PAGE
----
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201 Metal Fabrication 3 (1-6) Credit not granted for students who have already completed AGTM/ENGR 202, 203, or 204. Theory, applications, and practices of welding, machining, and associated techniques in fabricating with metals. (Crosslisted course offered as AGTM 201, ENGR 201). Typically offered Fall, Spring, and Summer.

202 Welding 1 (1-3) Credit not granted for students who have already completed AGTM/ENGR 201. Theory application and practices of welding and associated techniques in fabricating with metals. One of 3 two-week sessions of Metal Fabrication. Each session includes 3 hours lecture and 12 hours lab per week. (Crosslisted course offered as AGTM 202, ENGR 202). Typically offered Summer Session.

203 Machining 1 (1-3) Credit not granted for students who have already completed AGTM/ENGR 201. Theory application and practices of machining and associated techniques in fabricating with metals. One of 3 two-week sessions of Metal Fabrication. Each session includes 3 hours lecture and 12 hours lab per week. (Crosslisted course offered as AGTM 203, ENGR 203). Typically offered Summer Session.

204 Metal Fabrication 1 (1-3) Credit not granted for students who have already completed AGTM/ENGR 201. Theory application and practices of cutting and associated techniques in fabricating with metals. One of 3 two-week sessions of Metal Fabrication. Each session includes 3 hours lecture and 12 hours lab per week. (Crosslisted course offered as AGTM 204, ENGR 204). Typically offered Summer Session.

305 Agricultural Precision Systems 3 (2-3) Systems for precision agriculture, equipment, software uses, principles, construction, care, tillage, planting, spraying, harvesting, and materials handling machinery. Field trips required. Typically offered Fall. Cooperative: Open to UI degree-seeking students.

310 Small Engine Maintenance and Repair 3 (2-3) Safety, operation, maintenance, and troubleshooting engines; understanding of engine systems and components including compression, carburetion, cooling, fuel, and lubrication. Typically offered Fall.

314 Agricultural Power Units and Mobile Electrical Systems 3 (2-3) Principles of thermodynamics, engine cycles, transmissions, electrical, starting, braking, steering, suspension systems, differentials and hydraulic systems. Typically offered Fall.

315 Irrigation Systems and Water Management 3 (2-3) Principles of irrigation and drainage, water measurement, irrigation methods and practices, selection of irrigation system components. Typically offered Fall. Cooperative: Open to UI degree-seeking students.

330 Electrical Power Systems for Agriculture 3 (2-3) Course Prerequisite: Sophomore standing. Methods of selecting and installing electrical power circuits in agricultural operations; light frame construction; motor and control circuits; Programmable Logic Controllers (PLCs). Typically offered Spring.

402 Methods, Materials, and Machines for Teaching Ag Mechanics 3 Course Prerequisite: AGTM 201. Development of shop programs in project planning, demonstrations, and skills performance; safety and management of materials, tools, and machines. Typically offered Spring.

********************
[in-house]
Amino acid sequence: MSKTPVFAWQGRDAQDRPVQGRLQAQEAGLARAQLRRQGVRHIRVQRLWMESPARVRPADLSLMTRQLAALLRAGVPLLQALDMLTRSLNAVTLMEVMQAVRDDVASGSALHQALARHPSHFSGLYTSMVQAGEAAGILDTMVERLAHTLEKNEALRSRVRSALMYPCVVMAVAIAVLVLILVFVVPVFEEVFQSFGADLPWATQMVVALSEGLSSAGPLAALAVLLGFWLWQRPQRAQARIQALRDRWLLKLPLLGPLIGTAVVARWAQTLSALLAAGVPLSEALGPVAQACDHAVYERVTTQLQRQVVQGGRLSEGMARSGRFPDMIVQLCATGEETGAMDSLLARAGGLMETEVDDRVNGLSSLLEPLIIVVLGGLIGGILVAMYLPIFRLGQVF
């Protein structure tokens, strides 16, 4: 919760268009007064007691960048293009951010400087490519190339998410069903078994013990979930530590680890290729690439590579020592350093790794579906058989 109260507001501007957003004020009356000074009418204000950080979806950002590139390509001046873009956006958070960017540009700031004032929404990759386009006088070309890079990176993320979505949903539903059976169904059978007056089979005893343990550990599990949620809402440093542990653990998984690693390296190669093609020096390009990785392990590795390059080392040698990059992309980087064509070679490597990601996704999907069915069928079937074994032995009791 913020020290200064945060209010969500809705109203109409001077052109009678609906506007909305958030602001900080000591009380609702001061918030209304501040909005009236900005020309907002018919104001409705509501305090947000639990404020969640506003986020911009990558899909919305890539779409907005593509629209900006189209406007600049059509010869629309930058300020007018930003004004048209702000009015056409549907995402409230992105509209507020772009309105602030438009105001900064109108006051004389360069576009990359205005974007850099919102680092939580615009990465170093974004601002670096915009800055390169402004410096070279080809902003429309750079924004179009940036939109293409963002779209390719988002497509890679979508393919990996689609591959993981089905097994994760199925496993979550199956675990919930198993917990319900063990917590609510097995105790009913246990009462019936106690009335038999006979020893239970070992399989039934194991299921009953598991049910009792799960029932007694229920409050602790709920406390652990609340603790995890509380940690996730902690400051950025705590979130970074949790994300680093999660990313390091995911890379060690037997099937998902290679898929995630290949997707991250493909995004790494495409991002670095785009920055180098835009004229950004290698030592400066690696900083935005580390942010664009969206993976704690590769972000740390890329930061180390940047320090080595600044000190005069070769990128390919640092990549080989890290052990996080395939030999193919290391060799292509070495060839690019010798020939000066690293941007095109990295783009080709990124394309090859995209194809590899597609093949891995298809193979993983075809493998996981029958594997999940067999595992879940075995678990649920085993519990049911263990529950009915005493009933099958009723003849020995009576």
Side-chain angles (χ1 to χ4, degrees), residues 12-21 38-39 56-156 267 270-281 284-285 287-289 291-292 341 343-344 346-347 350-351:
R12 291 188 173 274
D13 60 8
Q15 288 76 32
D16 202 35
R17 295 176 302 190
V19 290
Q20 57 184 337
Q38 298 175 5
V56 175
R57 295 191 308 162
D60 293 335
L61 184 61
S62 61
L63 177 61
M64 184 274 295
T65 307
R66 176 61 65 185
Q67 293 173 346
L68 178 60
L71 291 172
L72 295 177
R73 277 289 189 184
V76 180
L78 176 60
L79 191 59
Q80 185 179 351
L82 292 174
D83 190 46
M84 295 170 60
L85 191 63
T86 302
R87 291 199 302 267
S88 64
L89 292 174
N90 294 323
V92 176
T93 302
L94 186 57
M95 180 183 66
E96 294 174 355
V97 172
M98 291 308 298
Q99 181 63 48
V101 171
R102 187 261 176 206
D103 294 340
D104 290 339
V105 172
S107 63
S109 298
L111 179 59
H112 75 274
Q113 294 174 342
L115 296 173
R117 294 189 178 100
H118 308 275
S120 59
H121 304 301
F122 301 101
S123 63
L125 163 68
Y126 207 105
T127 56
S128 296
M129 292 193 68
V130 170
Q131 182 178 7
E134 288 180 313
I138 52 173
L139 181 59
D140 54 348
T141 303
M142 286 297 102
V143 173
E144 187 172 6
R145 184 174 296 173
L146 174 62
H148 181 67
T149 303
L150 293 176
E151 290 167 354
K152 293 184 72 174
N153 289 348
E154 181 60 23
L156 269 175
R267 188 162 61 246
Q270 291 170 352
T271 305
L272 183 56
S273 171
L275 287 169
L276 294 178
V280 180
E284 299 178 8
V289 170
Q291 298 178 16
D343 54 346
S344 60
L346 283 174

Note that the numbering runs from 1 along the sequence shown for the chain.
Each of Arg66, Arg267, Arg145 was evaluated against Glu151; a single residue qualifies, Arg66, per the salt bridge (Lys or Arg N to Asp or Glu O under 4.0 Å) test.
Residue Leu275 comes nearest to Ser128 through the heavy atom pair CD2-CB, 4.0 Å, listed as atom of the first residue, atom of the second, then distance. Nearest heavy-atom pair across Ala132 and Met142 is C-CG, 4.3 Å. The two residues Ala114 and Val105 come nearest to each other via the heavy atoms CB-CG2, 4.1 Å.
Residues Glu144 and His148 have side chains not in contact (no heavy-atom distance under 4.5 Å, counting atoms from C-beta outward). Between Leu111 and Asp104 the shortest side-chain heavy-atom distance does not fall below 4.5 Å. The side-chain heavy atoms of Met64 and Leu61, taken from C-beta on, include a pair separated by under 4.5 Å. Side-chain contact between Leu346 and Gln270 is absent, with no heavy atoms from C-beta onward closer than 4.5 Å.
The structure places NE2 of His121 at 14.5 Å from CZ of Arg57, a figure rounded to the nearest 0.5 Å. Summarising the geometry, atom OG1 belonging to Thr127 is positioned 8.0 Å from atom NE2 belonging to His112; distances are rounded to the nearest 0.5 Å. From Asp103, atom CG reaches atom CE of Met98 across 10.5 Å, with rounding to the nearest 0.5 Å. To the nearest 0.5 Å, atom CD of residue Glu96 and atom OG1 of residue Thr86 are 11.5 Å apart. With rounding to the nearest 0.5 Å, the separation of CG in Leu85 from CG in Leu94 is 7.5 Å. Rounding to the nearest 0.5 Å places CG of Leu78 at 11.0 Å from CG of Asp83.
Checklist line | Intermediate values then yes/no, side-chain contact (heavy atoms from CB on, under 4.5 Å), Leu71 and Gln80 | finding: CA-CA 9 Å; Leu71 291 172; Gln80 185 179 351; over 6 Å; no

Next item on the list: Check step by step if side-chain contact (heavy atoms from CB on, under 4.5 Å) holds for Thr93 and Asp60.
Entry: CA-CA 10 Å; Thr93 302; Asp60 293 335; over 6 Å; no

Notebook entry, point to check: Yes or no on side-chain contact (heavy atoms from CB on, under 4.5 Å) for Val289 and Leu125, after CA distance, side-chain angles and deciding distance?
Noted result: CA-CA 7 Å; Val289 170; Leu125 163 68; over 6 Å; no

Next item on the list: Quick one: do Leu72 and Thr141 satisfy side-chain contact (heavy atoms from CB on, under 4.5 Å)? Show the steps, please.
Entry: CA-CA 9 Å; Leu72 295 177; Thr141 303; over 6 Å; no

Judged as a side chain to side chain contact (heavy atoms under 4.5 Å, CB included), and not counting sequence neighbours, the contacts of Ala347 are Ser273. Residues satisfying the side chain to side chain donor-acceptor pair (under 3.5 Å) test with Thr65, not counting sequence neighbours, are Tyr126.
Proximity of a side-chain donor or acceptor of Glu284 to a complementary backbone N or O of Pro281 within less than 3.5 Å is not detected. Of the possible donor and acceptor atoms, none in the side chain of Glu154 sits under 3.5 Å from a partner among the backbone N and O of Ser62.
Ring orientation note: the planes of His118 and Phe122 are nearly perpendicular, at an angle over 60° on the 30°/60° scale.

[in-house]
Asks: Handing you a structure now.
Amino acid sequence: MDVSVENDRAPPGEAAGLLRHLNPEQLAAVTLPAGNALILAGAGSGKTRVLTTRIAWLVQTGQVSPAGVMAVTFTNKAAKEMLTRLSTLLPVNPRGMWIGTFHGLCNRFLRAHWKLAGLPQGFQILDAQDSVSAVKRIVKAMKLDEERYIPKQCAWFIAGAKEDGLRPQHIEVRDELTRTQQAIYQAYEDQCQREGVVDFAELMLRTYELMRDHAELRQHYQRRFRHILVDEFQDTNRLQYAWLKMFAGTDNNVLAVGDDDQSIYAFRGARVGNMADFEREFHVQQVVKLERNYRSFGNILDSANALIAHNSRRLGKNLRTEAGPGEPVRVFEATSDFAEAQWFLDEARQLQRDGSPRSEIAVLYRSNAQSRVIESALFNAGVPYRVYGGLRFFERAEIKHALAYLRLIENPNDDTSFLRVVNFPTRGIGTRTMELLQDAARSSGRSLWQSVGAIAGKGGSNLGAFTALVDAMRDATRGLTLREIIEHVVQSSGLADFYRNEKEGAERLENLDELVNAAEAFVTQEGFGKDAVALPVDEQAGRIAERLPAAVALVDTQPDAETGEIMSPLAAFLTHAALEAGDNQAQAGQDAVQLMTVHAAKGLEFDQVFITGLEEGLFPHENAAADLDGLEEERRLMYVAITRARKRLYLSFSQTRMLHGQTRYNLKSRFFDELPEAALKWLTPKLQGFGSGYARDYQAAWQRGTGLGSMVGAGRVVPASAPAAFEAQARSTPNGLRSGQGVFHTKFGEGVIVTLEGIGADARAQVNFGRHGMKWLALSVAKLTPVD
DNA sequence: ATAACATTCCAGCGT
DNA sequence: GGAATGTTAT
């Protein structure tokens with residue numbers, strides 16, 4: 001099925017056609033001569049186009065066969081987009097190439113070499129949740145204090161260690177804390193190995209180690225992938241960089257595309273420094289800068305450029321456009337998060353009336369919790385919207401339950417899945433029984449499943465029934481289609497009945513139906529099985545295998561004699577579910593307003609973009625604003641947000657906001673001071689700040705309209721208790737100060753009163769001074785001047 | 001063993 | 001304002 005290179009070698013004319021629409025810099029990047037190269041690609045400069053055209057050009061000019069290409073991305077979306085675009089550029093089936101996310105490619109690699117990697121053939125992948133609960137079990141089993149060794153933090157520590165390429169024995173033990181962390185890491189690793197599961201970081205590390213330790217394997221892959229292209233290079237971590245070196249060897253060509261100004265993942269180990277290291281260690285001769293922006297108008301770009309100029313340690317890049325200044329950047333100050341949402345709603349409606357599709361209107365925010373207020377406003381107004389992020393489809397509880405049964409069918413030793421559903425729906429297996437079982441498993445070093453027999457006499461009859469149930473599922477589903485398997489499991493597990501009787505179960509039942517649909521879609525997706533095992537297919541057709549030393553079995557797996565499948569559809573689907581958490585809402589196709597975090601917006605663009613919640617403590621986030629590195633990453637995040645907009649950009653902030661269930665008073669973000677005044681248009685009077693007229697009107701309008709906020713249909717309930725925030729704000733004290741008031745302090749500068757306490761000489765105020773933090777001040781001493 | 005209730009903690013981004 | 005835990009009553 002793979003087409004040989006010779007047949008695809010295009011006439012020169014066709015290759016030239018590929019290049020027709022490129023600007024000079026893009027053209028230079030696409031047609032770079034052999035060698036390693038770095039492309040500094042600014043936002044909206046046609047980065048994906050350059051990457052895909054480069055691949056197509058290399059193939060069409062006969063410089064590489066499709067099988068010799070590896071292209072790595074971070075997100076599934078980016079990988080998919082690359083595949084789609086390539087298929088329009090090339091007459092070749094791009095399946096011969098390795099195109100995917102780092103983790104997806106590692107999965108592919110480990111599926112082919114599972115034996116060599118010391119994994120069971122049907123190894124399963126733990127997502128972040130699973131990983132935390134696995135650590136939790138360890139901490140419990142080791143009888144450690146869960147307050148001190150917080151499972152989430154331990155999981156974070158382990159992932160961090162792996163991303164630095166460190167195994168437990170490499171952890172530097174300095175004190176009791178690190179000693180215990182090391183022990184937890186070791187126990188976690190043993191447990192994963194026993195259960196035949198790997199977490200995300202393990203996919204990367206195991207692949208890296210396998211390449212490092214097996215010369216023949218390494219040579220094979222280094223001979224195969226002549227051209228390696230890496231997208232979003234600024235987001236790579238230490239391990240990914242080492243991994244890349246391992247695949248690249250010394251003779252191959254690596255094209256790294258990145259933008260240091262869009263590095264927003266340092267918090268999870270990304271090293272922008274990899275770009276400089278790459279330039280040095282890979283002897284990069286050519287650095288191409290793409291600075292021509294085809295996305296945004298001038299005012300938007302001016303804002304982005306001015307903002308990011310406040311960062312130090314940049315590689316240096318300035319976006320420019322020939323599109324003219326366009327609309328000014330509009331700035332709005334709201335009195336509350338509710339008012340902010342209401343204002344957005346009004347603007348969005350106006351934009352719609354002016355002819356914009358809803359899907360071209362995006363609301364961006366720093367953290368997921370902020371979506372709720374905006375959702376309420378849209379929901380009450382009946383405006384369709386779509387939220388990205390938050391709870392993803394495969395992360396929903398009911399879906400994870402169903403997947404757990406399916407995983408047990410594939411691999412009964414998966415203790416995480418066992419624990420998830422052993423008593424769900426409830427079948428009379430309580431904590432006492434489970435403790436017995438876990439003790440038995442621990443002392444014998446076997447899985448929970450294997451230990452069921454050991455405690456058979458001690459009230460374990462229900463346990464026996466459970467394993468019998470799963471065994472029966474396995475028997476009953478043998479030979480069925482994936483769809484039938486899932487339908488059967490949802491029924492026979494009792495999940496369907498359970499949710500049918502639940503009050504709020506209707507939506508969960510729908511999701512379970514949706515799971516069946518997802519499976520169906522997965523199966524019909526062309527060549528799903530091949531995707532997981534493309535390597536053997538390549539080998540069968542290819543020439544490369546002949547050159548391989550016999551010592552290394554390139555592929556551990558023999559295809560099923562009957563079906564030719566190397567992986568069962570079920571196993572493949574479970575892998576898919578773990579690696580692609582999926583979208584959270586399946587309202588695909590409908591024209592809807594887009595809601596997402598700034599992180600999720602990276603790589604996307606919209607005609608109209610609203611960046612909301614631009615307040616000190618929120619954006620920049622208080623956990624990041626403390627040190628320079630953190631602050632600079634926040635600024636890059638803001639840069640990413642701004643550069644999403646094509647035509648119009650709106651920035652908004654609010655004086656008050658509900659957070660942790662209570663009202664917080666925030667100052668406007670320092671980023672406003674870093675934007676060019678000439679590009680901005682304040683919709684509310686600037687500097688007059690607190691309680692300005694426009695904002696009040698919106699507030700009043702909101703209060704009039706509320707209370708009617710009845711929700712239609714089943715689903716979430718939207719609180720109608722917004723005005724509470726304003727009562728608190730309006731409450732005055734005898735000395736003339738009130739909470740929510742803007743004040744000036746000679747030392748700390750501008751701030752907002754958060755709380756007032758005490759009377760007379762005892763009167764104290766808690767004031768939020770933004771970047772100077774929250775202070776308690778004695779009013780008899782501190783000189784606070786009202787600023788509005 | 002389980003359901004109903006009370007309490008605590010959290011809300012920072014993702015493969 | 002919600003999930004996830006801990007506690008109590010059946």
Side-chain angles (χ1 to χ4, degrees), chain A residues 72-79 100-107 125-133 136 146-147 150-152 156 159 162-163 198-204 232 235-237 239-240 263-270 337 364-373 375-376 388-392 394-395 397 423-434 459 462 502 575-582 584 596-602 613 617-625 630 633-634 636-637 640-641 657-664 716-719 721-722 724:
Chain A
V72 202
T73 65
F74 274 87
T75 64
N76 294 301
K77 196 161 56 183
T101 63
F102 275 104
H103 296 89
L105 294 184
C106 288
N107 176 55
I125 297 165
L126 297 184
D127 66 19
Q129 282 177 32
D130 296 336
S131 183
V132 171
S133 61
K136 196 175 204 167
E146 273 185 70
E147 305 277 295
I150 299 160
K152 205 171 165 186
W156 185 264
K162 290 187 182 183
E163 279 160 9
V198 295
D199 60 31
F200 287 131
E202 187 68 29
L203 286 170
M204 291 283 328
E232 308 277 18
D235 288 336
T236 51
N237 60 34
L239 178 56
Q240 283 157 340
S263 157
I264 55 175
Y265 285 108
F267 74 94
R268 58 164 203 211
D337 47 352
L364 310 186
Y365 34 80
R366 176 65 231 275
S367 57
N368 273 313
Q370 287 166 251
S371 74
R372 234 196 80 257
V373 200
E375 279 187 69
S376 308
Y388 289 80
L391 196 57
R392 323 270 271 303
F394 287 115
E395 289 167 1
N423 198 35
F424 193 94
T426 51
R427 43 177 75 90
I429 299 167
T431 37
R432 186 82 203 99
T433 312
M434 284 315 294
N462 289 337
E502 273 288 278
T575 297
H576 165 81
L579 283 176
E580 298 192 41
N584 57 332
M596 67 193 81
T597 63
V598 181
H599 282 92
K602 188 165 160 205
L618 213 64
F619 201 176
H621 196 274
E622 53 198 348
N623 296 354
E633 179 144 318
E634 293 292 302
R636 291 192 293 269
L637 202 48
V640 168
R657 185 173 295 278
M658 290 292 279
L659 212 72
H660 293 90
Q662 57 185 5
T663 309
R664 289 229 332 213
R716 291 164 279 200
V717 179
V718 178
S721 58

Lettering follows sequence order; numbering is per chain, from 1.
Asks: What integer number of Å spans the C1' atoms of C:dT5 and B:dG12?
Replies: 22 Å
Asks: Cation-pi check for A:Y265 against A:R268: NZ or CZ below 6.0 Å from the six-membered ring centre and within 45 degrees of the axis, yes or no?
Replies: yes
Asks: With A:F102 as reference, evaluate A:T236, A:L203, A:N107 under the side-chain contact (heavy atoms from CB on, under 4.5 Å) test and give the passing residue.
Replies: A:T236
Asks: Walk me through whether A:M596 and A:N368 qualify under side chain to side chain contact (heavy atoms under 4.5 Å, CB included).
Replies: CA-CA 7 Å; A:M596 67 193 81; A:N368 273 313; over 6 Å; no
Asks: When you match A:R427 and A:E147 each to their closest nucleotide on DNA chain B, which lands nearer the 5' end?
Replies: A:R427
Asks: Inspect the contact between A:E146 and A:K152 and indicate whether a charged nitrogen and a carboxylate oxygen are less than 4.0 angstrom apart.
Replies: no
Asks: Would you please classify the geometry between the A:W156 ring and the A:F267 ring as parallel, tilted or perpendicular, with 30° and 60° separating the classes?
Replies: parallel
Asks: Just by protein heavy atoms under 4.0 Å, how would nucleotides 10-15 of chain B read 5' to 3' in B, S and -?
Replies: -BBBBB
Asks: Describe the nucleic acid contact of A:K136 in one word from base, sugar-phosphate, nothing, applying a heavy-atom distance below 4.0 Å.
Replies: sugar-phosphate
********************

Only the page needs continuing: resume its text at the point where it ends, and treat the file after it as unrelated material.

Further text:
405 Advanced Agricultural Precision Systems 2 (1-3) Course Prerequisite: AGTM 305. Advanced principles of precision agricultural systems, software uses, management of controllers on equipment, geographical information systems and global positioning systems. Typically offered Spring.

412 Human and Machinery Risk Management 3 Course Prerequisite: Junior standing. History and current status of farm worker injury prevention programs in the US including worker's compensation insurance. Typically offered Spring.

416 Fluid Power Systems 3 (2-3) Fluid power principles applied to the selection, design, operation, and management of agricultural and industrial machinery. Field trips required. Typically offered Spring.

444 Teaching Practicum 1 May be repeated for credit; cumulative maximum 3 hours. Course Prerequisite: By instructor permission. Laboratory and research techniques for AgTM. Typically offered Fall and Spring.

451 Seminar 1 May be repeated for credit; cumulative maximum 2 hours. Course Prerequisite: Junior standing. Readings and interviews, research, and oral presentation of professional subjects. Typically offered Fall.

481 Independent Research V 1-4 May be repeated for credit; cumulative maximum 8 hours. Course Prerequisite: By instructor permission. Typically offered Fall, Spring, and Summer.

495 Internship in Agricultural Technology and Management V 2-3 May be repeated for credit; cumulative maximum 6 hours. Course Prerequisite: sophomore standing; prior approval of internship coordinator and advisor required. Work experience related to academic learning. Typically offered Fall, Spring, and Summer. S, F grading.

499 Special Problems V 1-4 May be repeated for credit. Independent study conducted under the jurisdiction of an approving faculty member; may include independent research studies in technical or specialized problems; selection and analysis of specified readings; development of a creative project; or field experiences. Typically offered Fall, Spring, and Summer. S, F grading.

Student Affairs Schedules of Classes Commencement Veteran's Affairs Summer Session